Players get hot and cold over a seven-day period, it’s as sure as the samples are small.
That is why Katy created the Hot ‘N’ Cold All-stars.
In honor of everything that is good and holy in America and because you are busy this weekend with BBQs, parades and fireworks, this week’s Katy Perry lesson is merely a link to “The Full Esquire Nude Shoot (PHOTOS).”
Drink responsibly and drink American (sort of)!
Coco Crisp – Since coming off the DL, Crisp has torn it up. Over the last seven days, Crisp hit .474 with nine runs and three SBs. When Crisp is healthy, he’ll steal. He is also pushing Rajai Davis (more on him later) to the bench. Crisp makes a great pick up in 12-team and deeper leagues.
Clint Barmes –While Barmes has not performed well this season, there are some signs of life. Over the last seven days, Barmes hit .407, two HRs and added seven RBIs. With Troy Tulowitzki injured, playing time is not as tenuous as it was a week ago. I’d be adding Barmes in NL-only and 20-teamers.
Corey Patterson – Over the last seven days, one-time big time Cubs prospect Patterson hit .500. He also scored six runs and stole three bases. Felix Pie (a more recent big time Cubs prospect) is expected back within the week, so Patterson’s playing time could be in jeopardy. However, Luke Scott did hit the DL, so there is a chance the Orioles will give regular at bats to Adam Jones, Nick Markakis, Patterson and Pie. Still, there isn’t much upside with Patterson. His best value lies in super deep leagues and AL-onlys. Shallower mixed league owners can ignore the week.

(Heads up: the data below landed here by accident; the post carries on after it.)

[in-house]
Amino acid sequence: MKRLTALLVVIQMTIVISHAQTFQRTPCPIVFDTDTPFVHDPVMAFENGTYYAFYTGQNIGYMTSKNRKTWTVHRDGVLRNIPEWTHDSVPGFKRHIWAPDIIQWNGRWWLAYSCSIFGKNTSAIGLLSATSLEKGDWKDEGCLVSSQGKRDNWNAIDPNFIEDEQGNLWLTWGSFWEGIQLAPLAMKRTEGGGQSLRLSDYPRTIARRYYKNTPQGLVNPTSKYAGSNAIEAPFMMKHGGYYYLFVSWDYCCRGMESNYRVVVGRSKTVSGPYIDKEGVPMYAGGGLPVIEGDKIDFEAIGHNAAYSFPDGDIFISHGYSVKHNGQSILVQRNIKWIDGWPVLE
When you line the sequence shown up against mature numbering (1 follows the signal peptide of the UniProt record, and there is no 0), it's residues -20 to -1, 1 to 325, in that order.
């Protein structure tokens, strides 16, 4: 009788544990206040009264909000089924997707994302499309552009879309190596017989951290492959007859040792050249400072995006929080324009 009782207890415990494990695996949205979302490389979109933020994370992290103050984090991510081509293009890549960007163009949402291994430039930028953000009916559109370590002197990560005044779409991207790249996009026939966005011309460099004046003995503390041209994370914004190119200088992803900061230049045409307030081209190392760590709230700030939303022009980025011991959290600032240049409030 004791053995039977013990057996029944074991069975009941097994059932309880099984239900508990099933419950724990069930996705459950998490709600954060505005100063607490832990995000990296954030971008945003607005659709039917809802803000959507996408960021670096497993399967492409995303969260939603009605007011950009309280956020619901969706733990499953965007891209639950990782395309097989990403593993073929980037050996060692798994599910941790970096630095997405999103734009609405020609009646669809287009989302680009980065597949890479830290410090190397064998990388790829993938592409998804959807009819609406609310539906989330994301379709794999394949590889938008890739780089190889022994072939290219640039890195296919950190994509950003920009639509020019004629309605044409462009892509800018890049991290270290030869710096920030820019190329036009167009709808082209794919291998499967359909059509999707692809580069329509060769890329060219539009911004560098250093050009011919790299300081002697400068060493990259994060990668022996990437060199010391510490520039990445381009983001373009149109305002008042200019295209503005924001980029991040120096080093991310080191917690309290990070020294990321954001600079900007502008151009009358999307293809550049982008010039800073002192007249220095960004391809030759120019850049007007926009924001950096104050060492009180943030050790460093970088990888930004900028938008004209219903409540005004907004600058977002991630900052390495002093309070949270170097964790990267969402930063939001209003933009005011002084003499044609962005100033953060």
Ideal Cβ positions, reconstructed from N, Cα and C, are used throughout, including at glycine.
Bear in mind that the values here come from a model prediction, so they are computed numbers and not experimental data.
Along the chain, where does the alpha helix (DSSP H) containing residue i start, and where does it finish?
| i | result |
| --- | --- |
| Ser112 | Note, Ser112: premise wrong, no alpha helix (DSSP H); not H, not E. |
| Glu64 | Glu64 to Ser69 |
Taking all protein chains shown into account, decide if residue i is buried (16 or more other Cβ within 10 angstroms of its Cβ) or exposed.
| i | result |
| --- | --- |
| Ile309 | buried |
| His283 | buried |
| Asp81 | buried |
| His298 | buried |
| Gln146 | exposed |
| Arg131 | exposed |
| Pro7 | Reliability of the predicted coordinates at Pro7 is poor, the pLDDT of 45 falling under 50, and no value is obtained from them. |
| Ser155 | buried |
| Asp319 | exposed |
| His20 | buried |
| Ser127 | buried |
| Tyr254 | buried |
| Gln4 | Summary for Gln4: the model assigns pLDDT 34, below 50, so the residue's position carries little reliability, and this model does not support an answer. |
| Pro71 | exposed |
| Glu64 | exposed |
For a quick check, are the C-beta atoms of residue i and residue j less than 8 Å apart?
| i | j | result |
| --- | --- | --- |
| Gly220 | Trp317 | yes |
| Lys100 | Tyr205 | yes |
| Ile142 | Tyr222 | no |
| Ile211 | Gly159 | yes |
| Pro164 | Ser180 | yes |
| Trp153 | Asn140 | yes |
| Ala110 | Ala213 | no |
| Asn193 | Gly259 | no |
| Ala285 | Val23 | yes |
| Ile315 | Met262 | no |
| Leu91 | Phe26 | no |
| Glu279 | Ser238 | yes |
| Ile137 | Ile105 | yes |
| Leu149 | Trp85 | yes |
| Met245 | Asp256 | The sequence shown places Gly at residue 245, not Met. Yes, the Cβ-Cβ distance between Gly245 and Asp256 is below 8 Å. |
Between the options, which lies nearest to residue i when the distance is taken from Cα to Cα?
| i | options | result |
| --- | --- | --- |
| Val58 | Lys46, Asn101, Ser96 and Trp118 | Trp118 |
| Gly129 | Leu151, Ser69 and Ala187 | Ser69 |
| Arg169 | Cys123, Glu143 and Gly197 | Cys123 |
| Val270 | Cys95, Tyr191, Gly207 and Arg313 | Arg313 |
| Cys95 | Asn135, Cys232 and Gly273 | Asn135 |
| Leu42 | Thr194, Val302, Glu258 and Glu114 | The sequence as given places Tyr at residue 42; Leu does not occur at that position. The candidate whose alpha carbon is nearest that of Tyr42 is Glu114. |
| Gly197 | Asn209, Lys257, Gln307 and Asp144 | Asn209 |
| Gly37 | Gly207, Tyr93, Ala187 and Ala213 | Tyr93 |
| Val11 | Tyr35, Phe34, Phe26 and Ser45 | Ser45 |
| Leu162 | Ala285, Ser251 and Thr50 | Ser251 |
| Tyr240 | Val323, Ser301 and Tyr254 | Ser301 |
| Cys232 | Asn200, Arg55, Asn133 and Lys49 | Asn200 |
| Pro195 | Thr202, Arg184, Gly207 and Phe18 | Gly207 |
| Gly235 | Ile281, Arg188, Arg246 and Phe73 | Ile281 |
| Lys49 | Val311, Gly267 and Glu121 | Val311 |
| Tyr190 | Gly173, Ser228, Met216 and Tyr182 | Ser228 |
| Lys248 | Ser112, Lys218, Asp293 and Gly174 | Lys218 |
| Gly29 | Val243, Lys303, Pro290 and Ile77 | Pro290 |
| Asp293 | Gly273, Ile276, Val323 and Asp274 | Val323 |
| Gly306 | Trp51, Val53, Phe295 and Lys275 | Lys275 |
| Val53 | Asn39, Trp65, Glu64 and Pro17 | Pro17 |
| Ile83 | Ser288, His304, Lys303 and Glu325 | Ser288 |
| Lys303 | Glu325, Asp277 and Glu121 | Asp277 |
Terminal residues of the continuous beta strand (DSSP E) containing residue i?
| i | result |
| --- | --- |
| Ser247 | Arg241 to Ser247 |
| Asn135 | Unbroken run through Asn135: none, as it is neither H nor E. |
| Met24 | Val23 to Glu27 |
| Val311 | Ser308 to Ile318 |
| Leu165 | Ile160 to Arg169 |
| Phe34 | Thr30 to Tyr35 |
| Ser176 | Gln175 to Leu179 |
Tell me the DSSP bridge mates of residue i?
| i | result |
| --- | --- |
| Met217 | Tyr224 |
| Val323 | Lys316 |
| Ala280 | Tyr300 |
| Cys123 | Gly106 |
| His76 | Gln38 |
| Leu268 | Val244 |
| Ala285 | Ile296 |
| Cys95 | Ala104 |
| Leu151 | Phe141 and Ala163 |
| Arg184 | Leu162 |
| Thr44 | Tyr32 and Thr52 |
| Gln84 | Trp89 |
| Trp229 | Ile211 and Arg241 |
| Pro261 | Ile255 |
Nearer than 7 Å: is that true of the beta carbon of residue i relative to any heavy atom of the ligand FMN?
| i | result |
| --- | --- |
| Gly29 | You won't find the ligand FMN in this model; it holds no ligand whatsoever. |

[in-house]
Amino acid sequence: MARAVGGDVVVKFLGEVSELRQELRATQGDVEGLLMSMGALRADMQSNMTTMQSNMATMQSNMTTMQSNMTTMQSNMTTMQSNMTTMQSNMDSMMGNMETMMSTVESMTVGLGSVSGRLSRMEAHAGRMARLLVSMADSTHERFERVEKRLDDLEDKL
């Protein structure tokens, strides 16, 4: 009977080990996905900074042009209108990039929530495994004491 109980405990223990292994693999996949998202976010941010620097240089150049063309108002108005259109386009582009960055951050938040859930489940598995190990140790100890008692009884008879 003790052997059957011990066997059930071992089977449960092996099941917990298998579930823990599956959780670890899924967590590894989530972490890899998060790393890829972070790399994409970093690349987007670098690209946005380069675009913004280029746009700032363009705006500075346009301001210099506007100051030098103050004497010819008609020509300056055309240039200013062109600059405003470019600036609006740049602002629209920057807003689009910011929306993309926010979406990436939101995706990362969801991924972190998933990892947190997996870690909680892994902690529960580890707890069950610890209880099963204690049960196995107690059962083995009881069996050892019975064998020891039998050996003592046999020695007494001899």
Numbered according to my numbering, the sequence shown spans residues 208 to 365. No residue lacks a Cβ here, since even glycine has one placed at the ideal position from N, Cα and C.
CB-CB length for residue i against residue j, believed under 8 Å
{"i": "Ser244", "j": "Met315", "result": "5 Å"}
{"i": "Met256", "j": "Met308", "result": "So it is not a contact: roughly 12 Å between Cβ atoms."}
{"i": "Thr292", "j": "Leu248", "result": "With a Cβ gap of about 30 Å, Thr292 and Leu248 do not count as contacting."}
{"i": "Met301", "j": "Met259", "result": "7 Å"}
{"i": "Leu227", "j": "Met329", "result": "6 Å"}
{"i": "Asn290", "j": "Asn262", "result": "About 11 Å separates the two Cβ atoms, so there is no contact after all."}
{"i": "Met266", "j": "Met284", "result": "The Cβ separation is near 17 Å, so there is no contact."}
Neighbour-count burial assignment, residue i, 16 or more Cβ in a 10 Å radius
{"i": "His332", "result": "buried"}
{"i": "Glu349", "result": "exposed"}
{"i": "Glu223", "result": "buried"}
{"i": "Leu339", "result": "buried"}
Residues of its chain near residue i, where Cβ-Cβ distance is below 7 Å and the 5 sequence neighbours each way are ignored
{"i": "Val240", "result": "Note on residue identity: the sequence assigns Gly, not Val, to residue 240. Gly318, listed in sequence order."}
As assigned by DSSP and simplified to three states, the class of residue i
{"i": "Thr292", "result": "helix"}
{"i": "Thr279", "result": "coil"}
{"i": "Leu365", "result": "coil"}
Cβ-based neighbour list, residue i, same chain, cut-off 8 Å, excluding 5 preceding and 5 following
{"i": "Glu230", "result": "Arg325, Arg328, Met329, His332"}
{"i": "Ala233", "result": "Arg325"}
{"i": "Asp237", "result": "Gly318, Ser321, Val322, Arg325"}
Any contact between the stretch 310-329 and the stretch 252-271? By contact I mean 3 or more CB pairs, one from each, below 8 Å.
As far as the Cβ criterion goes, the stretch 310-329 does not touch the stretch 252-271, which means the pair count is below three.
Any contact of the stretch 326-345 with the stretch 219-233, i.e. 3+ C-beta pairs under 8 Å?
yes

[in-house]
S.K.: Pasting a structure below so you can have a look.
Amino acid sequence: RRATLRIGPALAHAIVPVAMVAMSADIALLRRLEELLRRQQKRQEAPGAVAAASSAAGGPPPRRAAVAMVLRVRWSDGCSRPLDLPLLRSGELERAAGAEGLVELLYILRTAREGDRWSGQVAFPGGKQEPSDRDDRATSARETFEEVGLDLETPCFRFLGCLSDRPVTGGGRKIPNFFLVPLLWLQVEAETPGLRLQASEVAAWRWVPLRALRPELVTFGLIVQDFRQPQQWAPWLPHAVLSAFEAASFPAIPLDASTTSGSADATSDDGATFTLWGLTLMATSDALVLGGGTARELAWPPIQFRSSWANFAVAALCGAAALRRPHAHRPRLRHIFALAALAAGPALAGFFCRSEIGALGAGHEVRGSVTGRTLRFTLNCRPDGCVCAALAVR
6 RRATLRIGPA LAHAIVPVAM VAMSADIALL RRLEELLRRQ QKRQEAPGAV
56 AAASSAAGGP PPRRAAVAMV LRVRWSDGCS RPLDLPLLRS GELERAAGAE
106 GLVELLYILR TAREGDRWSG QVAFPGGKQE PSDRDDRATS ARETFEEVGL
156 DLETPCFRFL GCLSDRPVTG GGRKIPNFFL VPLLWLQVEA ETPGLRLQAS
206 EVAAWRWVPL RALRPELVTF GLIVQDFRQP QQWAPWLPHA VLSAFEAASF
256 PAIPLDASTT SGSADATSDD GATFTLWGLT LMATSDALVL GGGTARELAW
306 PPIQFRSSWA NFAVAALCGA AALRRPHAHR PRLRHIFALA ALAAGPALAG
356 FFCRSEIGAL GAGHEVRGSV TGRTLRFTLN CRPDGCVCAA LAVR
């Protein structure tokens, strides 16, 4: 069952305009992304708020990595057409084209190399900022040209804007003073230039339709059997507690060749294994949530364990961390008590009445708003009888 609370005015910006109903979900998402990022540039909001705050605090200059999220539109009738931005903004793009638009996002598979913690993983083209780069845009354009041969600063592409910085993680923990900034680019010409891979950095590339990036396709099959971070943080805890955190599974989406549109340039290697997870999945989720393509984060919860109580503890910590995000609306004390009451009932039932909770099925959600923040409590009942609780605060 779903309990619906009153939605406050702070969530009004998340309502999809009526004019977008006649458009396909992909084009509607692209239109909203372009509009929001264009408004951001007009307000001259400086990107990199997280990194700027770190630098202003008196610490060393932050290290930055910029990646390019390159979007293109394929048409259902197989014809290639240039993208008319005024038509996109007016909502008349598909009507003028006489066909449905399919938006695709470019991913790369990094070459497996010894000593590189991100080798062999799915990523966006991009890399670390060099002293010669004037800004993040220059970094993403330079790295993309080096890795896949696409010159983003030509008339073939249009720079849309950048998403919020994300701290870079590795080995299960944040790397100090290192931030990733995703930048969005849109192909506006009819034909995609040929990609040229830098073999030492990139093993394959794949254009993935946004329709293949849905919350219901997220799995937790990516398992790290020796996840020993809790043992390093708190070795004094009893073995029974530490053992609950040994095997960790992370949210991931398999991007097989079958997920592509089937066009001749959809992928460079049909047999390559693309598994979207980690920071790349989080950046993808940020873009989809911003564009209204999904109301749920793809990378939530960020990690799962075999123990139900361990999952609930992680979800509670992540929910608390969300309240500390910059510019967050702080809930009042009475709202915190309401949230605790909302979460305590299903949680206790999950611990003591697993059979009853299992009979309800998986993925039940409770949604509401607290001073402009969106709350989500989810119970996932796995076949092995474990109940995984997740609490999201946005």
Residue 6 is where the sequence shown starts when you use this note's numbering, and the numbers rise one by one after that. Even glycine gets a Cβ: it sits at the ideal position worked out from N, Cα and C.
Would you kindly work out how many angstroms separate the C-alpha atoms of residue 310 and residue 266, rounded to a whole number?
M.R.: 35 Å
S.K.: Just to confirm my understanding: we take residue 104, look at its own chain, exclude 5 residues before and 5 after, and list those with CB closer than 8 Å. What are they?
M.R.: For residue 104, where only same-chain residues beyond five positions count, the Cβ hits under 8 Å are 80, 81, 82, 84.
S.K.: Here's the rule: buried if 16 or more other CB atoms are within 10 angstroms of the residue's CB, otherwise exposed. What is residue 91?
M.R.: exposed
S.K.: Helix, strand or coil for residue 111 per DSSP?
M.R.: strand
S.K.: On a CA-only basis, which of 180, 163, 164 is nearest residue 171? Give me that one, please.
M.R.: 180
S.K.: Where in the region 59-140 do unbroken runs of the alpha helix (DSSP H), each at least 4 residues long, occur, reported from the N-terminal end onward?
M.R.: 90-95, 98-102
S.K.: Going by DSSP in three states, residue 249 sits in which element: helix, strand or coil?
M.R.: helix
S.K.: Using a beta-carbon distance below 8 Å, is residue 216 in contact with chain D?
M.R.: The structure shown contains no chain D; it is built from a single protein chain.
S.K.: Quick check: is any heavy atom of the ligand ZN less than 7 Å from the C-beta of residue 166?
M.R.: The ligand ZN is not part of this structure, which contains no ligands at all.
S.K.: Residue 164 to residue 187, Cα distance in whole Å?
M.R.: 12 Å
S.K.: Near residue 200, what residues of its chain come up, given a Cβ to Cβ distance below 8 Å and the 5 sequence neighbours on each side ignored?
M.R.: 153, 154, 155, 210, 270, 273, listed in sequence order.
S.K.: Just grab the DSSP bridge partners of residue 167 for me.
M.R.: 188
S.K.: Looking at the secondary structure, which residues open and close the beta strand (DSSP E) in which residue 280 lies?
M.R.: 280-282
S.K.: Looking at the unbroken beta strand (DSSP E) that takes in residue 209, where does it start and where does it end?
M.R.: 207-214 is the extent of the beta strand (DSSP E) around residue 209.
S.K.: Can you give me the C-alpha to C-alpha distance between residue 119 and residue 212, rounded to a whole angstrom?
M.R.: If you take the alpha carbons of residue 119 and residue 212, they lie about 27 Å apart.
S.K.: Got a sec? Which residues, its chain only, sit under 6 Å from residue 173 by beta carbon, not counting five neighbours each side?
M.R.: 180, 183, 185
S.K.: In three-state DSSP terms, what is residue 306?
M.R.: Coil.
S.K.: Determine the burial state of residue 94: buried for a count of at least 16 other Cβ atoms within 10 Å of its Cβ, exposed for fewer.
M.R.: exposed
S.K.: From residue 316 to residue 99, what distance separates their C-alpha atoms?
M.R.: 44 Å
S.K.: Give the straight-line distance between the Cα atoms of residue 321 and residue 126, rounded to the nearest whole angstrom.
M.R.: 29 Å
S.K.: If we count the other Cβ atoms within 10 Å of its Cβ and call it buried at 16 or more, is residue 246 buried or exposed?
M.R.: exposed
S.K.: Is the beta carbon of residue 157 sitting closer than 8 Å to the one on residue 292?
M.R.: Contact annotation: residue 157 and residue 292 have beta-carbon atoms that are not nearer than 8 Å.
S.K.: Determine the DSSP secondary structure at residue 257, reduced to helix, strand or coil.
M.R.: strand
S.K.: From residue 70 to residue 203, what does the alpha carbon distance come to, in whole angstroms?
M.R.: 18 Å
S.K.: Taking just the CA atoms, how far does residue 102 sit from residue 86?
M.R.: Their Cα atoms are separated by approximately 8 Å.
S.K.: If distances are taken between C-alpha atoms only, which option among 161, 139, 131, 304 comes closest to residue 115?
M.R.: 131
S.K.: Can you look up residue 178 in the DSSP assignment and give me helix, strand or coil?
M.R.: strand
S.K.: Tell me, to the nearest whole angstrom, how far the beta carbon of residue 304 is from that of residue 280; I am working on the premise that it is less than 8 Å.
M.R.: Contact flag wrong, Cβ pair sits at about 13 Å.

Cliff Pennington –The shortstop position has not been kind to fantasy owners this year. Pennington has been a pretty regular waiver wire tease in 12-team leagues, especially over the last seven days (.476 AVG, five RBIs and three SBs). If you are looking for shortstop help, Pennington makes a pretty good grab. He’ll hit for a decent average, score some runs and steal the occasional base. At the least, he won’t hurt you.
Wilson Valdez – With Chase Utley and Placido Polanco hitting the DL, Valdez has a clear route to playing time as long as he performs. Well, so far, he has (.278 AVG and two HRs over the last seven days). Still, Valdez is 32 and hasn’t done anything special so far. Basically, he’ll provide a .260 or so average and score some runs in a (still) impressive Phillies line-up. He is really only a super deep or NL-only option.
Matt LaPorta – With the trade of Russell Branyan, LaPorta (who was killing the ball in the minors) gets another shot at major league pitching. So far, the six percent owned 1b/OF has hit three HRs in just 17 ABs. Let’s temper expectations a bit though, as he owns a career .243 average in the Bigs. He was a big time prospect who is maturing (he is 25) so he might be hitting his stride. Nevertheless, I doubt if his value will ever be higher. If you can trade him (including in keeper leagues), I’d strongly consider it.